Thursday May 23, 2019...
Fujifilm has announced the arrival of the hotly anticipated, flagship medium format which boasts a 100MP, 55mm large format sensor. I ultimately failed to resist the temptation of going medium format. And while initially I was inclined to explore the Hasselblad universe – especially given the unexpected launch of their X1D ii – at the end I decided to go Fujifilm GFX instead.
While the Hasselblad X1D ii looked stunning and would offer me an overall new experience – the screen touch based interface; the leaf shutter lenses; a brand totally new to me – ultimately the money side spoke louder. I figured with the Fujifilm GFX system I would potentially spend half the money I would need to get on a Hasselblad journey, not to mention future savings if I am to further expand the system with more lenses. Long story short, I bought the Fujifilm GFX 50R together with the GF 63mm f/2.8 R WR lens, and on reartune fom singaporein I have had just over 2 months had shot hundreds of photos in several different scenarios for a proper testing of the camera.
Let me set this straight: although this is a mirrorless camera, this is by no means a small camera, nor is it light or portable like other APS-C or even some full frame mirrorless cameras. If anything, you can only state the GFX 50R is portable by medium format standards. If you have the experience carrying a large, full frame DSLR around, then this comes pretty close: the GFX 50R feels the same due to the weight and the overall bulkiness. Mind me, I’m using it with the GF 63mm f/2.8 R WR lens which, when I took the plunge, was the smallest and lightest available lens. Yet it weighs 4 Build quality is top notch. The top dials – exposure compensation, shutter speed, shutter button and the collar ring dial surrounding it – are superbly well machined and finished. Turn the dials and you will be rewarded with a high quality tactile feed-back. Everything feels right – not too hard and not too loose. The shutter speed dial has a spring loaded button in the middle: you can press / undress it lock / unlock the dial. Very useful.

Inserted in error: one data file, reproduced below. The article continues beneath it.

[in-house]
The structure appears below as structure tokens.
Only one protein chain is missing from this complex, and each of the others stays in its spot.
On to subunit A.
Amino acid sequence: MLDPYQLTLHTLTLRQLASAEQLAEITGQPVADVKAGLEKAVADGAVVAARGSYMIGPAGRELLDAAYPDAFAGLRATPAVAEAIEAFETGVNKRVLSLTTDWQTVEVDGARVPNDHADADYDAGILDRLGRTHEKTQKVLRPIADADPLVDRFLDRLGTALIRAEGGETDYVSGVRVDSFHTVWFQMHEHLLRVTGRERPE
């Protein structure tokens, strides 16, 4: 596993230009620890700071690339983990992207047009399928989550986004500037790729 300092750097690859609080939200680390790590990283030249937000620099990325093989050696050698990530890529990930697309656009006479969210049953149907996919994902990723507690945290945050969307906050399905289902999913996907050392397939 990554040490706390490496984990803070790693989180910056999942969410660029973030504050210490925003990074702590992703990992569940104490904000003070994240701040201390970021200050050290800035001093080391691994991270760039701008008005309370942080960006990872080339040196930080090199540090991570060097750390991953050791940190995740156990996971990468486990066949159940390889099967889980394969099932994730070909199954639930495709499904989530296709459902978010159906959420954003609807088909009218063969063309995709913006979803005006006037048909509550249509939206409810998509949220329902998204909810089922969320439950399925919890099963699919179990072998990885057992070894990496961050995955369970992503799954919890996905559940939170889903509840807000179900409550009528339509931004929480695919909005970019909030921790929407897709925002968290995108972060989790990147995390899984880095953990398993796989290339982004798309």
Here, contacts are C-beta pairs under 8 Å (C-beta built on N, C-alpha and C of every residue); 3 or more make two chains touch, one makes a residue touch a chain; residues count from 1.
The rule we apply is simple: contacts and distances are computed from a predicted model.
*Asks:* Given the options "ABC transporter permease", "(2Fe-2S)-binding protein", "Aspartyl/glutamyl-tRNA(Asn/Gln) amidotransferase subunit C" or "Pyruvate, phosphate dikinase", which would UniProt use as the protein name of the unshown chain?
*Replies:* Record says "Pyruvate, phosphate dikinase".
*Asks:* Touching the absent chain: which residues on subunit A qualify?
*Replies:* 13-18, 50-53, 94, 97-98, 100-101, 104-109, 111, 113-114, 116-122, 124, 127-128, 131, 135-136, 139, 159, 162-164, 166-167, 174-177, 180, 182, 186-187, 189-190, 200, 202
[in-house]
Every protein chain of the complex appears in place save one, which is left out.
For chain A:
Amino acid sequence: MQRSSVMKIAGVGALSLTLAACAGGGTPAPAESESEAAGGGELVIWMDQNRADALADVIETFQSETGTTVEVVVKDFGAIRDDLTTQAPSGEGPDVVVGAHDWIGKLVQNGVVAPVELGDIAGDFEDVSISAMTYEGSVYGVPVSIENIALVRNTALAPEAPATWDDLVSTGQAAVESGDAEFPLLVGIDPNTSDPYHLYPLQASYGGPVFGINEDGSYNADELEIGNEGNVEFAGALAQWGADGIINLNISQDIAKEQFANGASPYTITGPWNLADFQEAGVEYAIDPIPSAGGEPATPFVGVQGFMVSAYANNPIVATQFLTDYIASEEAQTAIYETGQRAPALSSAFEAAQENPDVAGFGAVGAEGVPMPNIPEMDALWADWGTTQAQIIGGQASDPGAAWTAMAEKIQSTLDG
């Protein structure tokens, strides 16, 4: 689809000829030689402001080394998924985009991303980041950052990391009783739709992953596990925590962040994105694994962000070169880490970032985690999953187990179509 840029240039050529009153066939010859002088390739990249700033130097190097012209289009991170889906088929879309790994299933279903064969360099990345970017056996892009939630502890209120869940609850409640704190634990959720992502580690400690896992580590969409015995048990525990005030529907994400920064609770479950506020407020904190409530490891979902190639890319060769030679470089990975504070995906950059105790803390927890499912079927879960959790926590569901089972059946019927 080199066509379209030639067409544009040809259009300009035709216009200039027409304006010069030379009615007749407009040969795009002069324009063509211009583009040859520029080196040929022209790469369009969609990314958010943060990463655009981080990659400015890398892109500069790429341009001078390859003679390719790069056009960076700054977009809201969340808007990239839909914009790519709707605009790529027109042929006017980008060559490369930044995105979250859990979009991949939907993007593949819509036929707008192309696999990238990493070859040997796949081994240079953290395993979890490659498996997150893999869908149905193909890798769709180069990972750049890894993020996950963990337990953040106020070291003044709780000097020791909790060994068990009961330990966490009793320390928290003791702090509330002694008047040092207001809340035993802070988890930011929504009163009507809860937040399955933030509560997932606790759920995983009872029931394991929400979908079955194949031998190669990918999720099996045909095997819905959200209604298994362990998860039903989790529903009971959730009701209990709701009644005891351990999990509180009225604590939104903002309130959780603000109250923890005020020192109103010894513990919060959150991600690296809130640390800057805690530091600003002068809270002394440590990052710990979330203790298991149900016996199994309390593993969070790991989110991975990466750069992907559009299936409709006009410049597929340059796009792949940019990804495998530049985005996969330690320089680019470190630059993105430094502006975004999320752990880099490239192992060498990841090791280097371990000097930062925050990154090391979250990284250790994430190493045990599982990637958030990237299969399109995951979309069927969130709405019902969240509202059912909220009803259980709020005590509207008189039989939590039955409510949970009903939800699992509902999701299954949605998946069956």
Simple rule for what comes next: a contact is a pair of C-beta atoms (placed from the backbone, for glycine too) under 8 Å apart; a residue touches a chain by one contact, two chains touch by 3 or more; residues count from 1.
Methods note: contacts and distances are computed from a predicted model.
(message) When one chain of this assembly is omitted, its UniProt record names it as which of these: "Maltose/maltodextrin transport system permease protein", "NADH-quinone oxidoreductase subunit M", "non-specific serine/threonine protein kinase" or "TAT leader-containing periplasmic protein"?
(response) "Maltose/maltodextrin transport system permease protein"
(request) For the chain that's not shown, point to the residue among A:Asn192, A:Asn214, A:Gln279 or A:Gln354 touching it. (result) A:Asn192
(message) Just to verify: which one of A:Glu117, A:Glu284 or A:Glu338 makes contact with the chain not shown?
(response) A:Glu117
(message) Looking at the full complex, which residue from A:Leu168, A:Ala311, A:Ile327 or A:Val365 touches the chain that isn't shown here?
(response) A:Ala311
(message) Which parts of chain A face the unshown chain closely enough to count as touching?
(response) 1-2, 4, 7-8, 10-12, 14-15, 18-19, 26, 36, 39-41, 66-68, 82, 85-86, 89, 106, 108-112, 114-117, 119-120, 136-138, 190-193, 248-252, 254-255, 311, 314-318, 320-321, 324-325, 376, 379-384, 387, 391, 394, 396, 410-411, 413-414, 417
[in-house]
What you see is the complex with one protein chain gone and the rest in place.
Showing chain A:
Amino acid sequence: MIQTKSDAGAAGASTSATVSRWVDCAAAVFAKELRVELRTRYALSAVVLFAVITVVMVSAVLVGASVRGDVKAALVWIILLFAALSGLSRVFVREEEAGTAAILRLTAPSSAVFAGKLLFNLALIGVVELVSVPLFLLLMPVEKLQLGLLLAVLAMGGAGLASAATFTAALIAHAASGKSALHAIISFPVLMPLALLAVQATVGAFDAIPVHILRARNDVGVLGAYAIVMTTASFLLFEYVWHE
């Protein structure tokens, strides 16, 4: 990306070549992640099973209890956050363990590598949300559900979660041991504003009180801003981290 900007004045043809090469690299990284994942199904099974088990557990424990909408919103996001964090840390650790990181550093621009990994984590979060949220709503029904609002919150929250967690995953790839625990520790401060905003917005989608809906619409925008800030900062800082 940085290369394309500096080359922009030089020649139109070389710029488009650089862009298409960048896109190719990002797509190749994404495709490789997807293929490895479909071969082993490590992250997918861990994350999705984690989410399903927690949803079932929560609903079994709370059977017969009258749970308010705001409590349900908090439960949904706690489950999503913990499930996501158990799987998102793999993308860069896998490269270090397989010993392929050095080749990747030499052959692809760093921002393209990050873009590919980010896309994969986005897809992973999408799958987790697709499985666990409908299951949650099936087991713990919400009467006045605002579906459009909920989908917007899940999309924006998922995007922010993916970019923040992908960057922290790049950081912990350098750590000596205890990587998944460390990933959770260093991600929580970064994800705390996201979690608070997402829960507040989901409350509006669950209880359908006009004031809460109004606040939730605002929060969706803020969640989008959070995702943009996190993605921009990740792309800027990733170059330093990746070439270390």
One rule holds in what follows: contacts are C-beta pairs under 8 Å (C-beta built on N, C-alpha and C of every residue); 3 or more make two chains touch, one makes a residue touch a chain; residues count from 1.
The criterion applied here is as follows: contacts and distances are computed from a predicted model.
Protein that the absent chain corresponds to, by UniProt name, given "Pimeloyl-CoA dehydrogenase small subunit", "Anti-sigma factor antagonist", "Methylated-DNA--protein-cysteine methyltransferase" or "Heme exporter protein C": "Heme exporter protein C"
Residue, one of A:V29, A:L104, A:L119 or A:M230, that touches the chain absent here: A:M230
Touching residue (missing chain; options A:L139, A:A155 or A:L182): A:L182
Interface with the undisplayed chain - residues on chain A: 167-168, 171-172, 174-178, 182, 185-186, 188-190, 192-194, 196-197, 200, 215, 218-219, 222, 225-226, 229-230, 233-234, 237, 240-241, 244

One detail about the collar ring dial in the shutter button: by default, it is set to change ISO and once it happened to me that I had accidentally changed the ISO without knowing. To cure this, I simply disabled this function and have nothing assigned to this dial now. I shoot in Auto ISO anyway – set to maximum 6400 and slowest shutter speed 1/125. In other cameras I usually set the slowest speed to 1/60, but in this camera, due to its high resolution 51-megapixel sensor, motion blur is so sensitive that I gave it an extra stop.05 grams and is 71mm long.